Commodore 128 / 128D was capable of displaying 80 columns through RGBi, therefore it could compete with other business machines of the time, but was this the case? Was this line of machines ever used in the business environment? If so, what software would I find near the unit in an office?
Commodore 128 / 128D was capable of outupting 80 columns through RGBi, therefore it could compete with other business machines of the time, but was this the case?
Not really. The C128 was introduced in 1985 - a new business machine of that time was x86 based, most likely using a 286 of 6-10 MHz, 512 or more KiB of RAM and a 20 MiB HD. Nothing an 8 bit machine could compete with - except maybe special purpose systems (word processors) or the rather unique Amstrad PCW of the same year.
Was this line of machines ever used in business environment?
Yes, but only in small numbers and rather offbeat applications...
...except for schools that is. Schools are business/professional use and quite a lot did use C64/128 in class rooms. But I guess that's a unique case you did not think about.
If so, what software would I find near the unit in an office?
Keep in mind, even the most basic PC-XT offers a better environment to handle multiple application and even more to handle an adequate amount of data. THe later being the most important. Even (at the time) outdated S100 systems would offer more and faster storage. Investment in an office computer is about performing tasks more efficient, not eating up time with tiny disk drives, complicated handling and slow operation.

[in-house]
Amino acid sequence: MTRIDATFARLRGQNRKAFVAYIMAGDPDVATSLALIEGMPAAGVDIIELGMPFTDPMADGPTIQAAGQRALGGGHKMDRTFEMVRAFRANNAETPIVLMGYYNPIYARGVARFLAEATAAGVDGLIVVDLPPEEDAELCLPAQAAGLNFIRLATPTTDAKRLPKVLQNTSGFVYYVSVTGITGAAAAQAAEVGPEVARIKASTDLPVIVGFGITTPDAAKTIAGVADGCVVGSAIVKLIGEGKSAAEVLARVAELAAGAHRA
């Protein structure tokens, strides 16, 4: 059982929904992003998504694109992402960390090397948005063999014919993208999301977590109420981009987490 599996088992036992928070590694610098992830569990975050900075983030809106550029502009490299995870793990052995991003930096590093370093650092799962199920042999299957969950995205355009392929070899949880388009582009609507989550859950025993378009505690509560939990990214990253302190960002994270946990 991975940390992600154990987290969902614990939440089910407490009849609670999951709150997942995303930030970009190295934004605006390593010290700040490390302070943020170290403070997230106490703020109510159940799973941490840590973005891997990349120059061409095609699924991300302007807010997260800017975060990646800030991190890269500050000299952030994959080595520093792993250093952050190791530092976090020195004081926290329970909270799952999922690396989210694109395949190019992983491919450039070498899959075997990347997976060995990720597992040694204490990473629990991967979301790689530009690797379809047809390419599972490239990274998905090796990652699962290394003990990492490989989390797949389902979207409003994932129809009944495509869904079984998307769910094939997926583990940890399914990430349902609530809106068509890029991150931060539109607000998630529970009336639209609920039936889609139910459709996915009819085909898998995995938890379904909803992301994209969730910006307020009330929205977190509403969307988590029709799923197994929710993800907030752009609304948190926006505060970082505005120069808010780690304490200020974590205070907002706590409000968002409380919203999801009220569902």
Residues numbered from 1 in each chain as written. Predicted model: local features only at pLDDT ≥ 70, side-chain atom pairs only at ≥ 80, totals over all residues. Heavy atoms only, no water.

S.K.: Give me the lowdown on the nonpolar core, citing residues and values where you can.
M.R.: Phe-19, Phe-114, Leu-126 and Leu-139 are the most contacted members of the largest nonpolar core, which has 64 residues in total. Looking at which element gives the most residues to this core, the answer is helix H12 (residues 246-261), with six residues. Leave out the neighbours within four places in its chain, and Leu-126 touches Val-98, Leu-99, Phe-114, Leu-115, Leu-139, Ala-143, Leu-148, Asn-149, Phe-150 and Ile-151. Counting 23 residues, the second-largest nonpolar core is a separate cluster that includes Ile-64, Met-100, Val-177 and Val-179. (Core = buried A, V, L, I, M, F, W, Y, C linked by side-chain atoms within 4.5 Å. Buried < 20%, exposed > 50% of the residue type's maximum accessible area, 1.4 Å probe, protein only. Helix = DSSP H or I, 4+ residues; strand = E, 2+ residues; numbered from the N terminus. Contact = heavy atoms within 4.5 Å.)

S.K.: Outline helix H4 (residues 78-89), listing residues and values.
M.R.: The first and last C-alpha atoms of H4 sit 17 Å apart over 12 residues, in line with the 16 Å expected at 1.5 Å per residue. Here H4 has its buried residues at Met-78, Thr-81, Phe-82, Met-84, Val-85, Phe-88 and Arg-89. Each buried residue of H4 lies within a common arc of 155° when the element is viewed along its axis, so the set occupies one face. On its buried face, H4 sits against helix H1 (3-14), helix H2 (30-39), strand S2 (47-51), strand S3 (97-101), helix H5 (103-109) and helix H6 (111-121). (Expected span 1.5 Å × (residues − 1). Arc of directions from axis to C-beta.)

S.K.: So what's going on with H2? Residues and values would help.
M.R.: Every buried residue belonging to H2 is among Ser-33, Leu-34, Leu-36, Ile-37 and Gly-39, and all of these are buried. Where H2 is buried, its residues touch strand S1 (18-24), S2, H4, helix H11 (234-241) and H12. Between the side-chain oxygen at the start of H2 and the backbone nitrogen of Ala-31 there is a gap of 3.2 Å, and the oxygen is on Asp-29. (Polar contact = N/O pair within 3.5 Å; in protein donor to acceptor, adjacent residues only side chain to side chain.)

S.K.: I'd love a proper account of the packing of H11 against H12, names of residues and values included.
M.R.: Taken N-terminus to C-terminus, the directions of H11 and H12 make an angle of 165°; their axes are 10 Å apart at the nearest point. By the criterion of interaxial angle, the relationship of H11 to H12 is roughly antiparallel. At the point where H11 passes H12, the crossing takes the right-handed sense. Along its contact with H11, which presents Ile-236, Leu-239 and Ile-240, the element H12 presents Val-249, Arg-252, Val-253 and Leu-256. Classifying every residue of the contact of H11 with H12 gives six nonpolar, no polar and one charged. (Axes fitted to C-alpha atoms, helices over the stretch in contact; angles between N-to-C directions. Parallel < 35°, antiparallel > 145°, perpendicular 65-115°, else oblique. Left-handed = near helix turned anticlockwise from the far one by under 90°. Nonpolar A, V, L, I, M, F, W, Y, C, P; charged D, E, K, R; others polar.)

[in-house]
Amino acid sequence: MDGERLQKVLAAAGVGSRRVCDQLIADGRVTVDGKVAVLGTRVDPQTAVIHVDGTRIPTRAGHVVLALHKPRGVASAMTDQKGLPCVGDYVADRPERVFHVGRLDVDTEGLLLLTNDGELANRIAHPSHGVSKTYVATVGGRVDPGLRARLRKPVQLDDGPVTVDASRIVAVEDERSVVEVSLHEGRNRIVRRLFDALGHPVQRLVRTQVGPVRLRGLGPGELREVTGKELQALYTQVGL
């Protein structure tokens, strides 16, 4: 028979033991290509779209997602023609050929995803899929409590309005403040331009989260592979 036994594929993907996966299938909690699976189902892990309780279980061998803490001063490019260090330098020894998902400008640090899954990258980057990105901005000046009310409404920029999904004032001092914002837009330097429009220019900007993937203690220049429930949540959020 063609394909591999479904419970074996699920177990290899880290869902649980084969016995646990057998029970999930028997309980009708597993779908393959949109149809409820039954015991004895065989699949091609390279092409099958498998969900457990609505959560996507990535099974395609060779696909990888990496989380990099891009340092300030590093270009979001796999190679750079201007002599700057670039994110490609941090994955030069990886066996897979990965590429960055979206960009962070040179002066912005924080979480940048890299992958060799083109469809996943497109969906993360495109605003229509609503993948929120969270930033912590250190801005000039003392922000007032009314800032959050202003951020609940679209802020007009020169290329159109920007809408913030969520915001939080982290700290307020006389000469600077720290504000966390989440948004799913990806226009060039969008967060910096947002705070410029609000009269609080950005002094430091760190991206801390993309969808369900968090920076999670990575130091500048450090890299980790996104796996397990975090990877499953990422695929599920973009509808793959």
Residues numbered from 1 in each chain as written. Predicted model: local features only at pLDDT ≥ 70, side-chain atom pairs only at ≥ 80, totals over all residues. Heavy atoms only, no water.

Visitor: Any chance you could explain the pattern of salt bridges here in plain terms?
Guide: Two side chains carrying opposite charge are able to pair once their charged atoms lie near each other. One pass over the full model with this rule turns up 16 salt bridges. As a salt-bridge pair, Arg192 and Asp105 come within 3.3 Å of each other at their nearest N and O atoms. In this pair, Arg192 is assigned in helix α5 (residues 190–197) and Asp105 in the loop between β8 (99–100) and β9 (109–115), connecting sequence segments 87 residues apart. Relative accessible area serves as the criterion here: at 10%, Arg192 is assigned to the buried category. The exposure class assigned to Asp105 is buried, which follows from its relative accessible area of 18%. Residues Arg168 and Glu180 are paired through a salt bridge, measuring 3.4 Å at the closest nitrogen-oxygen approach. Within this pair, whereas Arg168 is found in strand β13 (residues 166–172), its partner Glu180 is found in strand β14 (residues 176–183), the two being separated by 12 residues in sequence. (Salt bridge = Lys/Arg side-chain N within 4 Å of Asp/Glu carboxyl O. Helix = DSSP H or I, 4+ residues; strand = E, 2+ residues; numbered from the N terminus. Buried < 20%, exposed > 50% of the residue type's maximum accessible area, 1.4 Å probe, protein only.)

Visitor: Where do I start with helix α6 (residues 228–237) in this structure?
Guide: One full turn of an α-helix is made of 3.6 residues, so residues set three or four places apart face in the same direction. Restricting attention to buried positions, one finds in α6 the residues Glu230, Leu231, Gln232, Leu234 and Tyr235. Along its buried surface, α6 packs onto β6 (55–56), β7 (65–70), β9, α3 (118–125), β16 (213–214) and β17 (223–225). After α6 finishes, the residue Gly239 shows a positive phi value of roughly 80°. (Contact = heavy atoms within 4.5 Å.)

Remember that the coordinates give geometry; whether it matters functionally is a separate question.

So bottom line, there are only two reasons to have a C-128 as office computer:
- No possibility to aquirre a more capable system (like maybe in eastern Europe?)
- A very specific application only available for the C128 (or C64)
At least in Western Europe only the later would stand as reason to buy a sub standard computer: to have it run THE application needed for the job. So if you can name the specific case, you got one example (*1).
And yes, much can be done with dedication. Hobbyists have shown amazing usages for C64/128. But these are dedicated people enjoying to spend time with the machine, not office clerks doing their job.
Business is about over all cost, not just buying a device. So empoloyee time (aka payment) to operate counts as much - and it adds up month by month, soon dwarfing even several 1000 dollar additional investment in Hardware. And any business not earning enough to switch to an, at least somewhat, state of the art computer to optimize its daily jobs, isn't a viable business.
*1 - For a small exhibition in Vilshofen, doing something like you may have in mind, the use case will be a solution for forest management. That package wsa only available for C64 (C128 in C64 mode) at the time ... later it got ported to PC and marketed until today.
Commodore released the CBM 8032 in 1980 with an 80 column screen aimed at business users so they would already be using that (or successor models) and accompanying business software well before 1985. There would have been no particular reason for Commodore business users to swap to a C128 and non-Commodore users would be eyeing up an IBM PC or AT by then.